How can one improvise in a virtual world?

Posted by  Andrew Rixon —September 13, 2006
Filed in Collaboration

How can one improvise (together) in a virtual world, using electronic connections? How can we bring the benefits of interactivity into this medium, which is often an isolating medium?

You know about Improv right? Improv is often known for principles like:

  • Accept all offers
  • Be present
  • Do something
  • Be average
  • Make mistakes
  • Let go

Izzy Gesell and I have been offered the opportunity to do a webinar for our upcoming joint workshop “Change your story Change your world”. As you may know, a webinar involves ringing in and joining in on, essentially, a very large conference call. This webinar can have anywhere between 100–250 callers. The challenge has been to design an interactive program with people we can’t see and we don’t even know how many people there are there. Waiting to join in. Or just sitting listening. The challenge is in the design of trying to create something in almost a brand new medium, providing interactivity and engagement, when so much of our work is about working with people in the same room. The same time and space.

The challenge then is how to create an interactive personal experience in a virtual medium like the webinar. How do we get people to feel connected and interactive when they can’t see each other or respond to each other in visual or usual real-time ways? Have you experienced this challenge?


About  Andrew Rixon

7 Responses to “How can one improvise in a virtual world?”

  1. Matt Moore Says:

    Based on experience, it is impossible to do this with anything more than 30 people and just a phone connection. Different story if you’ve got instant messaging running – because that can provide all kinds of cues and opportunities for people.
    You cannot have 250 people speaking on a call. You’ll have a small number of contributors and a larger number of lurkers. So the question is: how do you best engage the smaller number of potential contributors and give the lurkers something of value?
    If you are asking questions or generating responses in some other fashion then:
    – You want to have some primed stooges in the audience to say something if no one else will – and to show that saying something is OK.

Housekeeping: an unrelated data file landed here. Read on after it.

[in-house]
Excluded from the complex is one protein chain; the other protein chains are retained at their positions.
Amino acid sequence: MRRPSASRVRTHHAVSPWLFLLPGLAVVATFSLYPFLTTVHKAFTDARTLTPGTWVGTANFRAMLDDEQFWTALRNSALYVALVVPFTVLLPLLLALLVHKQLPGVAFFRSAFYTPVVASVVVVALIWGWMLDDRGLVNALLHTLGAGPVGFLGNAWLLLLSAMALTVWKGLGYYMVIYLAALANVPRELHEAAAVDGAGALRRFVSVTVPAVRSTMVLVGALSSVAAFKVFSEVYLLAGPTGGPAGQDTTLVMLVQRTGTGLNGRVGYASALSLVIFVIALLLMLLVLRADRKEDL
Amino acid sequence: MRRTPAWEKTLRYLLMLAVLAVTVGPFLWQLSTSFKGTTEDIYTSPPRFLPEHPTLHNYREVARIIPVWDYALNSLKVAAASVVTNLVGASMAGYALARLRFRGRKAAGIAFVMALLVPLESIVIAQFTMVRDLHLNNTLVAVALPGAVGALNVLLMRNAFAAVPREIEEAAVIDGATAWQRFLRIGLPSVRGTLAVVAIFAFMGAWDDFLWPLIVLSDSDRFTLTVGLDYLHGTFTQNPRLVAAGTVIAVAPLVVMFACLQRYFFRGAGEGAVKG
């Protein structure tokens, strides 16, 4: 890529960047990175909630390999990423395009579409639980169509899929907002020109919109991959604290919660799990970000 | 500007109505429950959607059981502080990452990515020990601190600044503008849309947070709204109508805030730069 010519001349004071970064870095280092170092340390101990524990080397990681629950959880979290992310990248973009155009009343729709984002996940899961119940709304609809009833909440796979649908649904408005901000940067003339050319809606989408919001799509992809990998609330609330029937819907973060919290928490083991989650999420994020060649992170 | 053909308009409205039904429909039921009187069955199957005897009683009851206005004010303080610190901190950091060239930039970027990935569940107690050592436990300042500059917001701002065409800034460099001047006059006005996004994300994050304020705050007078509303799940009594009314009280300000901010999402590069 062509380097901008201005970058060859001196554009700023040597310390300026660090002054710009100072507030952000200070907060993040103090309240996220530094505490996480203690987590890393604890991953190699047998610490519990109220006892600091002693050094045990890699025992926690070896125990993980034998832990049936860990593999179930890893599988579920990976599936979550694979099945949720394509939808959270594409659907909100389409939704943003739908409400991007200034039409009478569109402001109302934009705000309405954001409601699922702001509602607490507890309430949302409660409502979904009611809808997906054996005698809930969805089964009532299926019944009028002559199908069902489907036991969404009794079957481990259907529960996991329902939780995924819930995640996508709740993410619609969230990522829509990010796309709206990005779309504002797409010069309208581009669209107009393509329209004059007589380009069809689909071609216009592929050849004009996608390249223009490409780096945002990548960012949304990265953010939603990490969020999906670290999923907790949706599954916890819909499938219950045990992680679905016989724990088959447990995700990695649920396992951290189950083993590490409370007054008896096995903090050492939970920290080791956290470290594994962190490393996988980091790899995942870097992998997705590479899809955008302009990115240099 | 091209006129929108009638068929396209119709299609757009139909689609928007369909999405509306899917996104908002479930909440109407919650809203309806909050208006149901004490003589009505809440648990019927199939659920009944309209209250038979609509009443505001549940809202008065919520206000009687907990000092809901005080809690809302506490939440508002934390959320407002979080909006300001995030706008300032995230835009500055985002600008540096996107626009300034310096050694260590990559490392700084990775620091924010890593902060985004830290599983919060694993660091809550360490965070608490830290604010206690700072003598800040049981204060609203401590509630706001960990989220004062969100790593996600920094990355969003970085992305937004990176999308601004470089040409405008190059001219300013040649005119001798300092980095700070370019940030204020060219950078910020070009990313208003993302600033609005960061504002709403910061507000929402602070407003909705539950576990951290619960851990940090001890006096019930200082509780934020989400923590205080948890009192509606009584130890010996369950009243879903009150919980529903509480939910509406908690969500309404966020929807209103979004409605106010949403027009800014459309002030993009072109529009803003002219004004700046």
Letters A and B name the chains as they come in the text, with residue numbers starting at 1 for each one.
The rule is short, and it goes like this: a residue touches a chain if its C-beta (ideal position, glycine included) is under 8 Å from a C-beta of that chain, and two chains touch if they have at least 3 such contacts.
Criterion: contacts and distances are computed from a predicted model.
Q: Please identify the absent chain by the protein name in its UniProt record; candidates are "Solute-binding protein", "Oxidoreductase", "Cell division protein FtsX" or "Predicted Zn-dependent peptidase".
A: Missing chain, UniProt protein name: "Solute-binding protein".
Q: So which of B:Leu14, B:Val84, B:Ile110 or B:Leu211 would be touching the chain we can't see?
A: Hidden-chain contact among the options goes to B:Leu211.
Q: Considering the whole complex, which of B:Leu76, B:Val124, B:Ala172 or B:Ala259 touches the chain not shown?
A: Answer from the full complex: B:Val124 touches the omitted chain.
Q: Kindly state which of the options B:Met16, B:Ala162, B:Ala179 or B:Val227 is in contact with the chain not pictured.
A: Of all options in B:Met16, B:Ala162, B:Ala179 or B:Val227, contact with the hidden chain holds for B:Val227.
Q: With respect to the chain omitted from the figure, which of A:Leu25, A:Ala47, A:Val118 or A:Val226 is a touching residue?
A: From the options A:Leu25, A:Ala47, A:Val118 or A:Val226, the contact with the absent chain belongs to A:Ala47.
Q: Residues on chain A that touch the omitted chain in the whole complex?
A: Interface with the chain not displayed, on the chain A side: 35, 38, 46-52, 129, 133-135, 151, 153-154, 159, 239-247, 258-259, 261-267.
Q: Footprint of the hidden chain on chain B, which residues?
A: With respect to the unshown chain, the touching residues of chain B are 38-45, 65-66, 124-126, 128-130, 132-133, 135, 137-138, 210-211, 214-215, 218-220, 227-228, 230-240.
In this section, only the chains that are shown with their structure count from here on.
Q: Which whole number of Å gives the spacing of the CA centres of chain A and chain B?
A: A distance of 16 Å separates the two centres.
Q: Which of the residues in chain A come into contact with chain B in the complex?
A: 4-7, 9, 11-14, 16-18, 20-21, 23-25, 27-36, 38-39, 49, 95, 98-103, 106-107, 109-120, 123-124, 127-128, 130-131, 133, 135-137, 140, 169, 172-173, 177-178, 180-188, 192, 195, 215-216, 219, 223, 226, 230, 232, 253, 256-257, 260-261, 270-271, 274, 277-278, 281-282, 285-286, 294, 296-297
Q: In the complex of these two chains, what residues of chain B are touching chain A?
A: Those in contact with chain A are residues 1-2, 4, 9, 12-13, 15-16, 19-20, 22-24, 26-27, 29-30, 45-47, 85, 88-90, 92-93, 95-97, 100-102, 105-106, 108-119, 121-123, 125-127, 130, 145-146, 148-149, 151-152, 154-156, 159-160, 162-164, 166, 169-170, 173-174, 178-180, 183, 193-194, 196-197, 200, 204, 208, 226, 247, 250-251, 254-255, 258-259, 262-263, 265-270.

– You also want to do this comparatively early in the call (first 10 mins). The later you leave the opportunity for interaction, the less you will get.
    Good luck and I hope it goes well.

  2. Izzy Gesell Says:

    I think this is an area that has much relevance as more and more meetings, trainings and networking events go “virtual.”

    How or even whether the virtues and application of improv theater skills can translate into a webinar – like setting was a discussion point at last year’s
    Applied Improv Network conference and continues among practioners of many areas of interest who deal with the interface of technology, distance and human interaction. Any thoughts?

  3. Andrew Rixon Says:

    Hi Matt,
    Thanks for your comment.
    Starting early with the interaction certainly makes sense for garnering a culture of participation. “As things begin, so they continue”.
    In an improv situation like this we were wondering about how culture might form. Like for instance, how would people form norms about dealing with ‘speaking over’ each other, or the ‘being first to speak’ dilemma?

  4. Matt Moore Says:

    “Speaking over” – This is where something like Instant Messaging can be invaluable – because people can virtually “put their hand up”.
    If you have no other cues then it is just a free-for-all. Some hosted conference call providers provide a moderator to filter and line-up people’s calls in the background. Not sure if that is an option here.
    The “first to speak” dilemma is where your stooges come in. You have someone pre-primed to speak and you respond positively to what they have to say.

  5. Nancy White Says:

    I started to write then realized my answer was pretty darn long for a comment, so I’ve posted my answer on my blog!

  6. Izzy Gesell Says:

    Matt, your comments are spot on. How to take these techniques which rely so much on presence and spontaneity and try and mine the benefits from them in a whole new world. It’s like trying to do karate with a partner who is not there.

    This concept of bringing Improv ideas and techniques into the “virtual” worldwas explored at the Applied Improv Network conference last October

    Part of the fun is finding kindred spirits on the path.

  7. Andrew Rixon Says:

    Thanks Nancy, will go have a look!

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